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Does ISIS Tailor Its Attacks According to Its Audience?

As the Muslim holy month of Ramadan nears its end, security analysts and experts are searching for answers to the dozens of gruesome terrorist attacks that have marred this period – from Dhaka to Orlando.

In a recent article published by The New York Times, foreign correspondent Rukmini Callimachi examines a trend within ISIS’ attacks that many experts have identified over the last few months. ISIS appears to tailor its attacks according to its audience.

Callimachi writes, “For years, the Islamic State, also known as ISIS and ISIL, has pursued a campaign of wholesale slaughter in Syria and Iraq. And in the attacks the group has directed or indirectly inspired in Western countries — including the coordinated killings in Paris and Brussels and the mass shooting inside an Orlando, Fla., nightclub — the assailants killed at random.

But a closer look at the attack the Islamic State has claimed in Bangladesh — and at the fact that it has not claimed bombings attributed to it in Turkey, including the airport attack this past week — suggests a group that is tailoring its approach for different regions and for different target audiences.”

Her analysis for this particular article stems from a piece written by Rita Katz, the Director and co-founder of the SITE Intelligence Group. Katz examined why no group had yet to claim the recent Istanbul Airport bombing on June 28th. Although we now know that the assailants had ties to ISIS, the organization itself has not officially claimed responsibility for the attack. Katz writes, “As I write this article, it has been almost two full days without any such message—significantly longer than it took for IS to claim the Paris attacks (made less than 12 hours after their initiation), the Brussels attack (less than five hours after), and the downed Russian Metrojet Flight 9268 (less than six hours after).”

Image Source: Day Donaldson
Image Source: Day Donaldson

Ratz claimed that it’s not only ISIS’ “complicated” relationship with Turkey that may impede it from officially claiming the attack, but it’s also due to their overall strategy.

“IS has shown comparable discretion when conducting attacks in other Muslim countries, focusing on government targets, perceived religious deviants, and enemy factions, as opposed to random civilians. For example, this week, IS claimed its first suicide bombing in Jordan against “the Rukban American-Jordanian [military] base.” Other comparable attacks include IS’ May 22, 2015 suicide bombing on a Shi’ite mosque in Saudi Arabia’ al-Qatif province, or IS’ June 30, 2016 claim killing of a Coptic priest in al-Arish, Egypt (accompanying its attacks on other military targets in the country).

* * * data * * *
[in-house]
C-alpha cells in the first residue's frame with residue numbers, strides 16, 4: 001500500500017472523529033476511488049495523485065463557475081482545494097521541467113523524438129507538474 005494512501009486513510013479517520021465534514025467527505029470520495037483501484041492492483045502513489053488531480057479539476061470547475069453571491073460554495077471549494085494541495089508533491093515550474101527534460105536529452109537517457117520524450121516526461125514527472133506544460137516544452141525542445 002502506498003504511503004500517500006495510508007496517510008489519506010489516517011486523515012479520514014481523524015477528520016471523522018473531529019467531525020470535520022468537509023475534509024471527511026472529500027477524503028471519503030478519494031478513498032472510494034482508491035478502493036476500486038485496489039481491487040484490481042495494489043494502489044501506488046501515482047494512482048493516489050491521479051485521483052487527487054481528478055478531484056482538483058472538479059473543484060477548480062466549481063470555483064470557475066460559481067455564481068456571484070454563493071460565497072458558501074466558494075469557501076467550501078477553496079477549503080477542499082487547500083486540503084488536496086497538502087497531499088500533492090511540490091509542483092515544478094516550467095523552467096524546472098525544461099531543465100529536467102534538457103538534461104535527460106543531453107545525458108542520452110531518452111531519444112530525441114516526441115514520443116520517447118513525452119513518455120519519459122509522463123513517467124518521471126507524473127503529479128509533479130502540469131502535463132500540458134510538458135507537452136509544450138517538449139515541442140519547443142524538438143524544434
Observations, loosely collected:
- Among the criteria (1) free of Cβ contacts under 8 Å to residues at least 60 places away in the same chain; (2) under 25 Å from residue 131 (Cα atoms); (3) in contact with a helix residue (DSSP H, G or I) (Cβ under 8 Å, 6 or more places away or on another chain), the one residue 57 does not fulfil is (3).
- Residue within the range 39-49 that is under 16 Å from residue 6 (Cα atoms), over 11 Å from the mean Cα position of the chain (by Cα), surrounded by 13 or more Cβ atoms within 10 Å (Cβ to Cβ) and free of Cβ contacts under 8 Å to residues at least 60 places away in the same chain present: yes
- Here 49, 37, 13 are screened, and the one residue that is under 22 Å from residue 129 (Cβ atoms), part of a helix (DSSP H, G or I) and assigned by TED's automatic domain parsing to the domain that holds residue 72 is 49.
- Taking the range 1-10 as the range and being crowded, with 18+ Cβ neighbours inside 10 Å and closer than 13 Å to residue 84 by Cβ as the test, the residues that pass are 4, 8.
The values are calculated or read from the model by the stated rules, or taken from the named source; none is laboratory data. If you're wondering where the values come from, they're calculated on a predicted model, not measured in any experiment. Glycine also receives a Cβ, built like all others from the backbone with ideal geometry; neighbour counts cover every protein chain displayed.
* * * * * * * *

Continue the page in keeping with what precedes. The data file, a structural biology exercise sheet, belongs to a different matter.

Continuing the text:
Even for its January 14, 2016 attack in Jakarta, Indonesia, IS was sure to frame the attack as one against foreign tourists, not locals. In claiming the attack, the group touted killing “nearly 15 Crusader foreigners along with those tasked with protecting them from the apostates, and injuring several of them.” Reports described the attack as taking place near a police post and retail stores, all within close proximity to a United Nations office.”

Callimachi reiterates this idea, stating that the issue of killing Muslims in attacks has also been a part of the rift between Al-Qaeda and ISIS.

“The disagreement dates back to at least 2005, when the then-No. 2 of Al Qaeda, Ayman al-Zawahri, wrote a letter of complaint to the head of the group’s affiliate in Iraq, chastising him for repeated attacks on Shiite shrines, which the Qaeda leadership feared would turn the population against them. The recipient of that letter was Abu Musab al-Zarqawi, who carried out the strikes anyway. His jihadist branch, Al Qaeda in Iraq, would years later re-emerge as the Islamic State.”

The most recent attacks in the Muslim holy city of Medina in Saudi Arabia, and in Baghdad, Iraq serve as stark reminders of the tailored attacks ISIS willingly carries out and claims. In both instances, affiliates and/or sympathizers of the group targeted observing Muslims as they were praying and/or breaking fast. However so far, ISIS has only officially claimed responsibility for the attack in Baghdad. Perhaps claiming an attack that targeted one of the holiest places in the religion it claims to espouse, is just one step too far.

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